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A new paradigm of international migration between the European Union and Australia: patterns and implications

Hugo, Graeme

Description

International migration between the European Union (EU) and Australia has a long history. However, the pattern of this migrational flow has undergone some profound changes in the last decade. This paper provides an Australian-end perspective on these changes using the 2001 Census of Population and Housing, arrival/departure information and survey results to establish the nature and scale of these changes. Australia is recognised, along with Canada, the United States and New Zealand, as a...[Show more]

dc.contributor.authorHugo, Graeme
dc.date.accessioned2003-07-02
dc.date.accessioned2004-05-19T15:41:15Z
dc.date.accessioned2011-01-05T08:48:30Z
dc.date.available2004-05-19T15:41:15Z
dc.date.available2011-01-05T08:48:30Z
dc.date.created2003
dc.identifier.urihttp://hdl.handle.net/1885/41481
dc.description.abstractInternational migration between the European Union (EU) and Australia has a long history. However, the pattern of this migrational flow has undergone some profound changes in the last decade. This paper provides an Australian-end perspective on these changes using the 2001 Census of Population and Housing, arrival/departure information and survey results to establish the nature and scale of these changes. Australia is recognised, along with Canada, the United States and New Zealand, as a ‘traditional country of immigration’ and the EU has been one of the largest single suppliers of settlers to Australia with 12 percent of Australians at the 2001 Census being born in the EU and a similar number being Australian-born with a EU-born parent. However, with the massive global shifts occurring in international migration, the migration relationship has become much more complex. On the one hand, Australia has entered a new paradigm of international migration in which non-permanent settlement movements have assumed central significance. The EU has been a major source of such people moving to Australia. There has long been a substantial counter flow of people moving from Australia to the EU among which former settlers have dominated. In recent years the numbers of Australian born moving on a permanent or long-term basis to the EU has increased substantially. It is argued that the bulk of research knowledge in Australia is based on the settlement paradigm which is now only a minor part of migration between Australia and Europe. There is a need to reorient research activity in Australia to encompass the new forms of movement. In addition to identifying the scale of the new forms of international migration influencing movements between the EU and Australia, trends in that movement and the composition of flows are explored. This paper traces a number of the policy implications which arise.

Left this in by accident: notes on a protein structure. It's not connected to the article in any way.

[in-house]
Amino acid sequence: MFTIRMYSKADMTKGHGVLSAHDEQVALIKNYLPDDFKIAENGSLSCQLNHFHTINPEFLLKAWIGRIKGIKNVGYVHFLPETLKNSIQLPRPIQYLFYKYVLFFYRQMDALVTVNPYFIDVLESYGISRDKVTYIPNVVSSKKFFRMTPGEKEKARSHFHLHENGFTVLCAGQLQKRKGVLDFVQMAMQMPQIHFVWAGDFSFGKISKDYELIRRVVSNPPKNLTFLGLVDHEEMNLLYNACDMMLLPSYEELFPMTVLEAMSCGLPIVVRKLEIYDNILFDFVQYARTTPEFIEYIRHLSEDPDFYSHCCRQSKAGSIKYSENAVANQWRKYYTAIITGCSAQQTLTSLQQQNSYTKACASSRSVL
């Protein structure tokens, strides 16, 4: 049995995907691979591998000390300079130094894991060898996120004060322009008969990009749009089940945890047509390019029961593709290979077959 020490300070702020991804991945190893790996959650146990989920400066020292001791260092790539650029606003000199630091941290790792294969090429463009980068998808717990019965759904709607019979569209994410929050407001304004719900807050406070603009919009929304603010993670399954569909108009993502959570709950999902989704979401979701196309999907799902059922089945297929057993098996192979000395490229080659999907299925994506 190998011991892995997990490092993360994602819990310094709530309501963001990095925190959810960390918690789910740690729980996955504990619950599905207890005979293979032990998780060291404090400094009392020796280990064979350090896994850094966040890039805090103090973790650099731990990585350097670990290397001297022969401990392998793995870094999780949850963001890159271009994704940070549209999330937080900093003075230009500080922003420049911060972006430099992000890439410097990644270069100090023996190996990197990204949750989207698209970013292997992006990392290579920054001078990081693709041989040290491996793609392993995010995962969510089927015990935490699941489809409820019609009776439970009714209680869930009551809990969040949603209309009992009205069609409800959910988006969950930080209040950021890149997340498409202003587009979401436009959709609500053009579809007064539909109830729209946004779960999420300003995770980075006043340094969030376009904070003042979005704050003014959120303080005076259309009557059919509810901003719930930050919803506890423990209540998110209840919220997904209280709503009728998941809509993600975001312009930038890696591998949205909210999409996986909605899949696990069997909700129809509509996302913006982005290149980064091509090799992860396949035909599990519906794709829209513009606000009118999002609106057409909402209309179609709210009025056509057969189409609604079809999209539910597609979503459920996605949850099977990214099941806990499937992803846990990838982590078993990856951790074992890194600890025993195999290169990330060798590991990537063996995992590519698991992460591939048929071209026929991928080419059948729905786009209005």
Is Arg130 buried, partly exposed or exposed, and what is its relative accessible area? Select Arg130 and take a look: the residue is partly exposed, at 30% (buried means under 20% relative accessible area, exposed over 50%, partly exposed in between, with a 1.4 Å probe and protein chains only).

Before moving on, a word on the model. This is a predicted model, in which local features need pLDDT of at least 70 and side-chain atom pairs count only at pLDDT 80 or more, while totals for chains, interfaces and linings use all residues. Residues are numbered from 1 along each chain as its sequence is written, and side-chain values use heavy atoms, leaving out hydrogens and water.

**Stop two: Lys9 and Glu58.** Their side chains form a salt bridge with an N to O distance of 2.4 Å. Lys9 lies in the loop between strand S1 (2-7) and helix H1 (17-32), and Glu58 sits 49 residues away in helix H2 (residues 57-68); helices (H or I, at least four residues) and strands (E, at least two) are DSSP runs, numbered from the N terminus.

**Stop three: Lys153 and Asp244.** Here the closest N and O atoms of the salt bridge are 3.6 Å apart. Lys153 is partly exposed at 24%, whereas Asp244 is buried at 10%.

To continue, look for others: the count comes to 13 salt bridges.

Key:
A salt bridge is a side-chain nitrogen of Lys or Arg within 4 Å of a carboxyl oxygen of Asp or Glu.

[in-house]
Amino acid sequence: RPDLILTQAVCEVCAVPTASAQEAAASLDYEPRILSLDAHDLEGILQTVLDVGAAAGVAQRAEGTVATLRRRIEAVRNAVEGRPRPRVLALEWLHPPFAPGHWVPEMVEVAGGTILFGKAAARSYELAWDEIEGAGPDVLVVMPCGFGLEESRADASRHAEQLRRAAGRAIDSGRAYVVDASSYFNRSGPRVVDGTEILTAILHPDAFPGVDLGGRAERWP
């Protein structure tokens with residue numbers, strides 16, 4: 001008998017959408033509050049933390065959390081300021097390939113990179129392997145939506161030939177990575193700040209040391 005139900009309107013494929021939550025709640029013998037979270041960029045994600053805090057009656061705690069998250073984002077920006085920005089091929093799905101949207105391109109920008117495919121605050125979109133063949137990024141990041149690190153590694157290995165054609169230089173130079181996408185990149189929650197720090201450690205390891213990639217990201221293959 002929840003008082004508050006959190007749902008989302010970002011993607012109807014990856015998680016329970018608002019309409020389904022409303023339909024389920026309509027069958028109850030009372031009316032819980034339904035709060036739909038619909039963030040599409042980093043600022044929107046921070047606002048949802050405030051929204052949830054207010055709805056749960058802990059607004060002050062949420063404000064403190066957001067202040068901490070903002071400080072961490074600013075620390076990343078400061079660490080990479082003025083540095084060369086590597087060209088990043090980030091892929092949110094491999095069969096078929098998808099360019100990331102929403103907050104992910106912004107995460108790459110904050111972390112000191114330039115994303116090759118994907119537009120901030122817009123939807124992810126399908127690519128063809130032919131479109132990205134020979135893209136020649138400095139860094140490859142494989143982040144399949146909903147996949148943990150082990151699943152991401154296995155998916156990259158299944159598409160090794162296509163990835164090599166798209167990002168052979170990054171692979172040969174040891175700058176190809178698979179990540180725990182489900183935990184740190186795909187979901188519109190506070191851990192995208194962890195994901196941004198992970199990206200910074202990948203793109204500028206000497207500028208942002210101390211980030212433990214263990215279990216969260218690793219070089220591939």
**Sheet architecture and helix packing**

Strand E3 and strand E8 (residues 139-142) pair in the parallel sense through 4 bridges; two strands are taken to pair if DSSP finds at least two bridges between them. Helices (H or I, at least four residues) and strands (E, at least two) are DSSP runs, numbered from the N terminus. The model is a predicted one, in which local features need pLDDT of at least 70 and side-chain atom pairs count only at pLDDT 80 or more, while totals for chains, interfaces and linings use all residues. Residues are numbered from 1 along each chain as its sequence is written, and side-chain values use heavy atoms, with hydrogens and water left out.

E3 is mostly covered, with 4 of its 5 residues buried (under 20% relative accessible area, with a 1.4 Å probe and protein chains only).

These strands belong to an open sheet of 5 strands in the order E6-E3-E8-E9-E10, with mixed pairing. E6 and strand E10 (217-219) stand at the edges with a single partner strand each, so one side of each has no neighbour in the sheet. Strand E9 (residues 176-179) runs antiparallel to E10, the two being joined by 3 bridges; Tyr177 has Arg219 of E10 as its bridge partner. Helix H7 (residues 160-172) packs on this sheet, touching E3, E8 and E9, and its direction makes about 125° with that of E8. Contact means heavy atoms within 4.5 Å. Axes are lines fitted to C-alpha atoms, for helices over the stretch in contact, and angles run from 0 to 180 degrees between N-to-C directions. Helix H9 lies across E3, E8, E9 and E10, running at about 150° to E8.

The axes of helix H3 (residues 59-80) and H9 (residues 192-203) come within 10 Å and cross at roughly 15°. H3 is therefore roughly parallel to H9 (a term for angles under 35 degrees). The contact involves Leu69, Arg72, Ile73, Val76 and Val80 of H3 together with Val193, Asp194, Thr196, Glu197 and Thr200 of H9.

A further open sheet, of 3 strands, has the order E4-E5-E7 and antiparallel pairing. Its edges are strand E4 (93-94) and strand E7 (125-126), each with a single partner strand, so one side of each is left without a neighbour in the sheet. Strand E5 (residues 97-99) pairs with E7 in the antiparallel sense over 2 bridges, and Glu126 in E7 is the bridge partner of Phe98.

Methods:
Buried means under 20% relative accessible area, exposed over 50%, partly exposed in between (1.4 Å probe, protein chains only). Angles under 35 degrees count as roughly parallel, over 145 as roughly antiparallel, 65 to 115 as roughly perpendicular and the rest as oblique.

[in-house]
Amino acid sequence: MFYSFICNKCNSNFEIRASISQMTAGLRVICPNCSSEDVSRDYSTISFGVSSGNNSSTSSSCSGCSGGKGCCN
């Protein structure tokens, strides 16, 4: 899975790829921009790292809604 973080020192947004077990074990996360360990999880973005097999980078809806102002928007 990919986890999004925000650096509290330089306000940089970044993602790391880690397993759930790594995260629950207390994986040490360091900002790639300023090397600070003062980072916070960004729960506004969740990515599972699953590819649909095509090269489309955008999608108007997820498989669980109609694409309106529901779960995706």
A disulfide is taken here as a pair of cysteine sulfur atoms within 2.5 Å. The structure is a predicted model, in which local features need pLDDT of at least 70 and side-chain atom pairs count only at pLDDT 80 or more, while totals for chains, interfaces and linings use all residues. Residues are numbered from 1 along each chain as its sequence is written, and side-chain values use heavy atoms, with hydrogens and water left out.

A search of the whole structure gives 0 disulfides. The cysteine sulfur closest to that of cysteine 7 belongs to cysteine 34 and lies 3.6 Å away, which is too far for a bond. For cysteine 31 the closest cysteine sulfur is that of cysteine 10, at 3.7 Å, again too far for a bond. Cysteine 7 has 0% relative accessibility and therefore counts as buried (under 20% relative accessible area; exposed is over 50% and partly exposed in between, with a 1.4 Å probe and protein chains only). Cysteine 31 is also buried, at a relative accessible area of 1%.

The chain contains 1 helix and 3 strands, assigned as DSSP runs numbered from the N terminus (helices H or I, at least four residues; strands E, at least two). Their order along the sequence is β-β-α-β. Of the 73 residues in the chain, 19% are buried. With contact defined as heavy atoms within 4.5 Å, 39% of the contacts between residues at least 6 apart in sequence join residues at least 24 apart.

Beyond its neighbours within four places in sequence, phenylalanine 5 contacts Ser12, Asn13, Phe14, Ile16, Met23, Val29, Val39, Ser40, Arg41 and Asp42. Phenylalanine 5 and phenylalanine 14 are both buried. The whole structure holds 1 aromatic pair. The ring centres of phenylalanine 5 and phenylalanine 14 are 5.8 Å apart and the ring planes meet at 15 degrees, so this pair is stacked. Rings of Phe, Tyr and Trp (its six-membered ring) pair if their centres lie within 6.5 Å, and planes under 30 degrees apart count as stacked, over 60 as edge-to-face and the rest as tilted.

dc.format.extent1 vol.
dc.format.mimetypeapplication/pdf
dc.language.isoen_AU
dc.publisherNational Europe Centre (NEC), The Australian National University
dc.relation.ispartofseriesNational Europe Centre (NEC) Paper: No. 62
dc.rightsAuthor/s retain copyright
dc.subjectEU
dc.subjectEuropean Union
dc.subjectAustralia
dc.subjectEurope
dc.subjectimmigration
dc.subjectinternational migration
dc.subjectsettlement paradigm
dc.subjectmigration patterns
dc.subjectemigrants movements
dc.titleA new paradigm of international migration between the European Union and Australia: patterns and implications
dc.typeWorking/Technical Paper
local.description.notesThe Challenges of Immigration and Integration in the European Union and Australia, University of Sydney, Sydney, Australia
local.description.refereedno
local.identifier.citationmonthfeb
local.identifier.citationyear2003
local.identifier.eprintid1541
local.rights.ispublishedno
local.type.statusPublished Version
local.contributor.affiliationNational Europe Centre
local.contributor.affiliationANU
dcterms.accessRightsOpen Access
CollectionsANU Centre for European Studies (ANUCES)

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